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Research highlights

Brain Changes Linked With Alzheimer’s Years Before Symptoms Appear

May 20, 2019

Brain changes linked with Alzheimer’s years before symptoms appear

In a records review of 290 people at risk for Alzheimer’s disease, scientists at Johns Hopkins say they have identified an average level of biological and anatomical brain changes linked to Alzheimer’s disease that occur three to 10 years — some even more than 30 years — before the disease’s first recognizable symptoms appear.

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Maps of tumors grown in mice.

May 6, 2019

‘Google Maps’ for cancer: Image-based computer model reveals finer details of tumor blood flow behavior

Johns Hopkins Medicine researchers develop an image-based computer model of tumor behavior that captures more of the complexity of cancer growth.

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Sequenced genome sizes

April 25, 2019

Johns Hopkins teams up with U.C. Davis and Save the Redwoods League to sequence the first coast redwood genome

Steven Salzberg, Bloomberg Distinguished Professor of biomedical engineering at Johns Hopkins University, collaborated with researchers from the University of California, Davis and Save the Redwoods League to successfully sequence the coast redwood and giant sequoia genomes.

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T-cells interacting with the transparent gel.

April 18, 2019

Scientists advance creation of ‘artificial lymph node’ to fight cancer, other diseases

In a proof-of-principle study in mice, PhD candidate John Hickey and scientists at Johns Hopkins Medicine report the creation of a specialized gel that acts like a lymph node to successfully activate and multiply cancer-fighting immune system T-cells.

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Andrew Feinberg and Lindsay Rizzardi test procedures for storing blood samples on NASA’s microgravity plane.

April 11, 2019

After returning from space, astronaut has no lingering, major epigenetic differences from earthbound twin brother

In a landmark study, a group of U.S. scientists from Johns Hopkins, Stanford University and other institutions has found no long-lasting, major differences between the epigenomes of astronaut Scott Kelly, who spent a year in space aboard the International Space Station, and his twin brother, Mark, who remained on Earth.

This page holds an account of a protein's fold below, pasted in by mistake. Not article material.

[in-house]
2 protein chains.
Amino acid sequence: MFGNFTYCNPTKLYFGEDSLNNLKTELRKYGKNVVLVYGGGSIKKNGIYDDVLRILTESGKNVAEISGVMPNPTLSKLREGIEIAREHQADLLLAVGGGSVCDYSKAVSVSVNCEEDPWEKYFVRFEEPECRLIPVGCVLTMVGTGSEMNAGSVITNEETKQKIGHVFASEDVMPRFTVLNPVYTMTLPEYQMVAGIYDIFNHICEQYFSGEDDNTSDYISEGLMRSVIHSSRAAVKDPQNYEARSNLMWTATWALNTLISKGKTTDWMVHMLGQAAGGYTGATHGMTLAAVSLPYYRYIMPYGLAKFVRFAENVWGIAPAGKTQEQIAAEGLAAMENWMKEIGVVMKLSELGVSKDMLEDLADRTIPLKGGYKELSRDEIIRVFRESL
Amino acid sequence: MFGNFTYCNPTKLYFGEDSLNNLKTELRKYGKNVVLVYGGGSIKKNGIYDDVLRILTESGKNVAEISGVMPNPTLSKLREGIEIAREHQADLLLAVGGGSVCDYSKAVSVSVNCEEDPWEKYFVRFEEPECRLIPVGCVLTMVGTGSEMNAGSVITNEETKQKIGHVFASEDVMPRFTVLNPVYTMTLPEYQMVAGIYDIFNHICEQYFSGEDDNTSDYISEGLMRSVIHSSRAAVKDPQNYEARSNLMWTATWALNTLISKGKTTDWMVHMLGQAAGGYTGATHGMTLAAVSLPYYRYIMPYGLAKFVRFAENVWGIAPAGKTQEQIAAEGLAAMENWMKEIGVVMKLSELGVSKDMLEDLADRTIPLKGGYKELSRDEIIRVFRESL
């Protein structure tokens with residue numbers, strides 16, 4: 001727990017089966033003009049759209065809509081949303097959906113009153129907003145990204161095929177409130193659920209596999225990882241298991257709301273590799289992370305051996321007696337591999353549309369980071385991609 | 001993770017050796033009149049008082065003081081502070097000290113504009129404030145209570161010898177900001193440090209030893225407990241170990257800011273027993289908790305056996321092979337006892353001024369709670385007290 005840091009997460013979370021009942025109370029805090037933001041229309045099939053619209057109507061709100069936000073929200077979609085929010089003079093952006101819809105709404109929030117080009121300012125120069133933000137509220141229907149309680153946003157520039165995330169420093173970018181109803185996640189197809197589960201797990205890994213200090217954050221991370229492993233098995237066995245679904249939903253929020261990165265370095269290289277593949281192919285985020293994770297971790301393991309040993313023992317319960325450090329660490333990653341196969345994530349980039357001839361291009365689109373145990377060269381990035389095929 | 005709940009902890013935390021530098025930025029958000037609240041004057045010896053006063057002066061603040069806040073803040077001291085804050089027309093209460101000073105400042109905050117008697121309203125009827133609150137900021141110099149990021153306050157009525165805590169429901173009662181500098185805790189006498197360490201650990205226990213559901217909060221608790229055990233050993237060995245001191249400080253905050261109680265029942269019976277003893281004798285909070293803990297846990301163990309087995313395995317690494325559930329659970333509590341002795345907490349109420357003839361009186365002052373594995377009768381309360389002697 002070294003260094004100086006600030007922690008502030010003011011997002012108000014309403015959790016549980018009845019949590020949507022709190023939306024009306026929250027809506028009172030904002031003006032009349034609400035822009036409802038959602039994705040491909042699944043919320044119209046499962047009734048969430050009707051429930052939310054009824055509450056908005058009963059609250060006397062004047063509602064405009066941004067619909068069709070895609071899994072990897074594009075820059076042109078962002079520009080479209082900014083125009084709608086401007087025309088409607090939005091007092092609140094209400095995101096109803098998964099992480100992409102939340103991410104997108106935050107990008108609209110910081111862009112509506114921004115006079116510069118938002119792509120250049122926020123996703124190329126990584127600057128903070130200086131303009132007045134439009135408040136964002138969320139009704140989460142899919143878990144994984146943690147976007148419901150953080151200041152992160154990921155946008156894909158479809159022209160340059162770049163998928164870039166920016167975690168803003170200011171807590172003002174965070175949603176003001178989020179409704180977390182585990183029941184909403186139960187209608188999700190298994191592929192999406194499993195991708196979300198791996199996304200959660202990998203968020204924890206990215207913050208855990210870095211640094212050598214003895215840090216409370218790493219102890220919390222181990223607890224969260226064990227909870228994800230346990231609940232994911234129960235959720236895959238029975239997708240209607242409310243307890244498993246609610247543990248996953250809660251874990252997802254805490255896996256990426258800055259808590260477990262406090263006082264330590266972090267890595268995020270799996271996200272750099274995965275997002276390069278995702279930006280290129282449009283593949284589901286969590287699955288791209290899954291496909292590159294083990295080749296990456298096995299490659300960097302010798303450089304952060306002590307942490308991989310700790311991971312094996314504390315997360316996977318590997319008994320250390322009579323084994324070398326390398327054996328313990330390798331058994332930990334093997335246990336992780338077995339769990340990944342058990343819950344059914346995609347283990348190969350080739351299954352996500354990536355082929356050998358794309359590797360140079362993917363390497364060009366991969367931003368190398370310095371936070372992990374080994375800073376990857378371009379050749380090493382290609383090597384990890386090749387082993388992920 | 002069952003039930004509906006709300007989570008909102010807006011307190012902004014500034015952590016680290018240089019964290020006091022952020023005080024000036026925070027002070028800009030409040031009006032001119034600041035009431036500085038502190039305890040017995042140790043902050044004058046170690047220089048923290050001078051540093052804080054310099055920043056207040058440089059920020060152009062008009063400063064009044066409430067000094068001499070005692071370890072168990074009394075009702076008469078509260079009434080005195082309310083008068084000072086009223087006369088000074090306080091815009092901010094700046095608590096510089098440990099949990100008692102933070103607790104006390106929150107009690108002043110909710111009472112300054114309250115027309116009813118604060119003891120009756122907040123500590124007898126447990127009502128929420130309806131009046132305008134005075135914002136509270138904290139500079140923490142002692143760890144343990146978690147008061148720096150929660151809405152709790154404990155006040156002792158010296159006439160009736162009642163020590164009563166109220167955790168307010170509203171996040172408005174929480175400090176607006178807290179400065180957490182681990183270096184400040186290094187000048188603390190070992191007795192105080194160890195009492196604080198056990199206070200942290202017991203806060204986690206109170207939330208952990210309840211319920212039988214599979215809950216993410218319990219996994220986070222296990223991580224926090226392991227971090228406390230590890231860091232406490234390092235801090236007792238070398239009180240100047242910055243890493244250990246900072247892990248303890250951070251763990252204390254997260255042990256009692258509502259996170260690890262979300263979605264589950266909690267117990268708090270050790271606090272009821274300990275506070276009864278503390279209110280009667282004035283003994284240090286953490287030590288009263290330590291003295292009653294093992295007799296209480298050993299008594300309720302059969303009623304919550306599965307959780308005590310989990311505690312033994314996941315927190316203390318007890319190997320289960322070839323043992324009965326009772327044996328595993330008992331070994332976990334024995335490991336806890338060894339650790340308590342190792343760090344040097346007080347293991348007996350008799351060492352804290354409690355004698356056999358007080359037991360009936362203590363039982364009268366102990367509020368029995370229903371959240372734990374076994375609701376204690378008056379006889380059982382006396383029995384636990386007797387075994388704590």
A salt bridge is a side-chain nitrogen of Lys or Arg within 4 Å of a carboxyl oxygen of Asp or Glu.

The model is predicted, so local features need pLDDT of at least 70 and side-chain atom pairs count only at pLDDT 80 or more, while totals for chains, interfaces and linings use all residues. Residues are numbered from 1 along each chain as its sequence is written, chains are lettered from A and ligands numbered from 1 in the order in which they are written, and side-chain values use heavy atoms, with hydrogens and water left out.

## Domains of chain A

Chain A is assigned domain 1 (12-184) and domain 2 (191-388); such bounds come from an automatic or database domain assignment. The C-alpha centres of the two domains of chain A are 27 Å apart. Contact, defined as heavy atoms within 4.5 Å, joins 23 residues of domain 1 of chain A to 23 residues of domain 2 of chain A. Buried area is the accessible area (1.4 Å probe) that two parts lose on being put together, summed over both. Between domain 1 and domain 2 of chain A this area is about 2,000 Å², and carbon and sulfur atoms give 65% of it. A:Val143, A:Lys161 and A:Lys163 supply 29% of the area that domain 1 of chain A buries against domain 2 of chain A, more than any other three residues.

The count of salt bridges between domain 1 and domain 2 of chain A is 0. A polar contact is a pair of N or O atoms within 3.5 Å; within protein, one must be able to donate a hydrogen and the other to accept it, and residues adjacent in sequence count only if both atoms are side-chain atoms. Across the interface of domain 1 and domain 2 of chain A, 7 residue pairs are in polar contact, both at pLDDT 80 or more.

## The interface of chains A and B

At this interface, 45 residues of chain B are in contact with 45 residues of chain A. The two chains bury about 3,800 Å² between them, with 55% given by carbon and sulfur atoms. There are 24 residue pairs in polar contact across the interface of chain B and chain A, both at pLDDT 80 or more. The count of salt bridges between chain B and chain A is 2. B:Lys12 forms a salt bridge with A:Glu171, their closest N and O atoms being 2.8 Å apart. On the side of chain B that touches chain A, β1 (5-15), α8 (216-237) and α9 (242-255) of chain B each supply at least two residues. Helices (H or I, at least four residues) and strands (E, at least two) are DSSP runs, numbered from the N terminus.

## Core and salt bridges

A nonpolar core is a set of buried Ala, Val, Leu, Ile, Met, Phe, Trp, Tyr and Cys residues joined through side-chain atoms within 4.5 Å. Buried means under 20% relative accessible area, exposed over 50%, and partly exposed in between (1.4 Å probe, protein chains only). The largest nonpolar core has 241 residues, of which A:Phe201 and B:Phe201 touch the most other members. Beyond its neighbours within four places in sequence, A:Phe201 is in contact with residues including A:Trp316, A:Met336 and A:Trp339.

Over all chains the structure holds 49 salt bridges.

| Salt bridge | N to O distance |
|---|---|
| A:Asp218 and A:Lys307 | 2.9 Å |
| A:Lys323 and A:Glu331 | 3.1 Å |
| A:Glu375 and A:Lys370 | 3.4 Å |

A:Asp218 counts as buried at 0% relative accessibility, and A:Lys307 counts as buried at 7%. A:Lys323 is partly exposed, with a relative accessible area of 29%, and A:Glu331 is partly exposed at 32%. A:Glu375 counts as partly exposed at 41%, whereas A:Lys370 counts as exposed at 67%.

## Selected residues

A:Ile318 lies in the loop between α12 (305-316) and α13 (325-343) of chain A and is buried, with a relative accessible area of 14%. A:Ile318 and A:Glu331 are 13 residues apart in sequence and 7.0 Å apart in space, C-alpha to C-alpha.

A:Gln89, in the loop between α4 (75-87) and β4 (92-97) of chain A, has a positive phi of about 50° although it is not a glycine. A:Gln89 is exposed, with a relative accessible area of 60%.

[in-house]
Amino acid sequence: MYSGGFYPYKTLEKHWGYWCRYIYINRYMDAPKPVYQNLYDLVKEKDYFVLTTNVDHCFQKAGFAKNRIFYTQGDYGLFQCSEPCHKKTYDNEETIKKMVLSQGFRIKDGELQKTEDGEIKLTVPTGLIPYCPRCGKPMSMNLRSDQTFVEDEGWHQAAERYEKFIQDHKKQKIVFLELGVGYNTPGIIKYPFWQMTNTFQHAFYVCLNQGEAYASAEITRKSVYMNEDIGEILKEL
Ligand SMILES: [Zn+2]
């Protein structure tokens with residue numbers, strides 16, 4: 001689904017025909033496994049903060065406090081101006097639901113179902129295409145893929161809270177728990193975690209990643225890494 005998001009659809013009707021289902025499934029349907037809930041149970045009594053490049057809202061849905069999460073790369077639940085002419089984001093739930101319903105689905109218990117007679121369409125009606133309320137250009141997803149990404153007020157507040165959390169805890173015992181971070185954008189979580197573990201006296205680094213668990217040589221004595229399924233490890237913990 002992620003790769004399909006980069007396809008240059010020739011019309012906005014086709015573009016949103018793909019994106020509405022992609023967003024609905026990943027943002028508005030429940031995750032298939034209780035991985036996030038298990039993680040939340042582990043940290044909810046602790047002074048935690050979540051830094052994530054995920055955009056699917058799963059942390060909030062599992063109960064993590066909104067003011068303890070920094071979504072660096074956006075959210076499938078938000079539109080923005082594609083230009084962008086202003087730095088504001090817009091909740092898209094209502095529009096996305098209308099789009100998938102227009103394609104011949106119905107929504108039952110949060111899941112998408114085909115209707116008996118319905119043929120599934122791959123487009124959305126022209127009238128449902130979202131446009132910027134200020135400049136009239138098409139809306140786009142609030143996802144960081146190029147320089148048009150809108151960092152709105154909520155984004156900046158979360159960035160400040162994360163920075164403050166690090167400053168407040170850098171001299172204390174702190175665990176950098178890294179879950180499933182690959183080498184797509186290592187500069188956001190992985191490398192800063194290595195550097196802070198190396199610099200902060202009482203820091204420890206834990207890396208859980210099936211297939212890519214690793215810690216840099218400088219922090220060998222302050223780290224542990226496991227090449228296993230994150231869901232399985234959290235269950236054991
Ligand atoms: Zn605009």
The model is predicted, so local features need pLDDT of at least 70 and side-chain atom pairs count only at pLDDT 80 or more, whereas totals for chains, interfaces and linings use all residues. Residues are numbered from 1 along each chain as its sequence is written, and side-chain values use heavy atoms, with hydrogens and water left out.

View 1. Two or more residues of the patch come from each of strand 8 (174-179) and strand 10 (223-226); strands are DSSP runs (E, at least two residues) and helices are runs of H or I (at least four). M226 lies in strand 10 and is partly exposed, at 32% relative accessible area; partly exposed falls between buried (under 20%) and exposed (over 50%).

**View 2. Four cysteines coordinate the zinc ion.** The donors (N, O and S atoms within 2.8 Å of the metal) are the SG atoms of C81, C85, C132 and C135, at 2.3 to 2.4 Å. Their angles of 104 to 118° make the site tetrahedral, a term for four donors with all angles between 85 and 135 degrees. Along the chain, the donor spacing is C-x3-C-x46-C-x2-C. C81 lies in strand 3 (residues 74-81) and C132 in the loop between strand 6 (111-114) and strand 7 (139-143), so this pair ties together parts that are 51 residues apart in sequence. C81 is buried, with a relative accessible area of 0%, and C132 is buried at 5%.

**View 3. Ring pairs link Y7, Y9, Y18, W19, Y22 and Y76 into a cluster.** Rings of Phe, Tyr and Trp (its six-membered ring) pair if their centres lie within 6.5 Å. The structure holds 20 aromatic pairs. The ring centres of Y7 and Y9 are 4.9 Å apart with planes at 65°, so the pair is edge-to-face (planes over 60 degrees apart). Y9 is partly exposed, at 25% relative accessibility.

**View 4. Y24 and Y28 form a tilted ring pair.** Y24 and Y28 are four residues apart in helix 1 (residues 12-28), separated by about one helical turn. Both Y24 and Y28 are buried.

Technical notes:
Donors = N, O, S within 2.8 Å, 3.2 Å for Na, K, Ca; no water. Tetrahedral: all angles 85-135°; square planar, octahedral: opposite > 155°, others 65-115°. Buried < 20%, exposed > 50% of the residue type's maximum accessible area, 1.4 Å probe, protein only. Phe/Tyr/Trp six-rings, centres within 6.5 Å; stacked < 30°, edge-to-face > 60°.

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Experimental Drug Delivers One-Two Punch to Vision Loss

April 10, 2019

Experimental drug delivers one-two punch to vision loss

In studies with lab-grown human cells and in mice, Aleksander Popel and other Johns Hopkins Medicine researchers have found that an experimental drug may be twice as good at fighting vision loss as previously thought.

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Mini microscope

April 1, 2019

Mini microscope is the new GoPro for studies of brain disease in living mice

Working with mice, a team of Johns Hopkins Medicine researchers has developed a relatively inexpensive, portable mini microscope that could improve scientists’ ability to image the effects of cancer, stroke, Alzheimer’s disease and other conditions in the brains of living and active mice over time.

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New computer program reduces spine surgery errors linked to “wrong level” labeling

February 6, 2019

New computer program reduces spine surgery errors linked to “wrong level” labeling

Researchers at Johns Hopkins report that a computer program they designed may help surgeons identify and label spinal segments during real time operating room procedures and avoid the costly and potentially debilitating consequences of operating on the wrong segment.

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STUDY DEFINES DIFFERENCES AMONG BRAIN NEURONS THAT COINCIDE WITH PSYCHIATRIC CONDITIONS

January 16, 2019

Study defines differences among brain neurons that coincide with psychiatric conditions

In a new study focusing on four regions of normal human brain tissue, Johns Hopkins scientists have found about 13,000 regions of epigenetic differences between neurons in different brain regions that vary by at least 10 percent.

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Johns Hopkins study sheds light on brain basis of risk-taking behavior

January 7, 2019

How the brain decides whether to hold ’em or fold ’em

A team led by Sridevi Sarma, associate professor of biomedical engineering at Johns Hopkins, has found that the decision to “up the ante” even in the face of long odds is the result of an internal bias that adds up over time and involves a “push-pull” dynamic between the brain’s two hemispheres.

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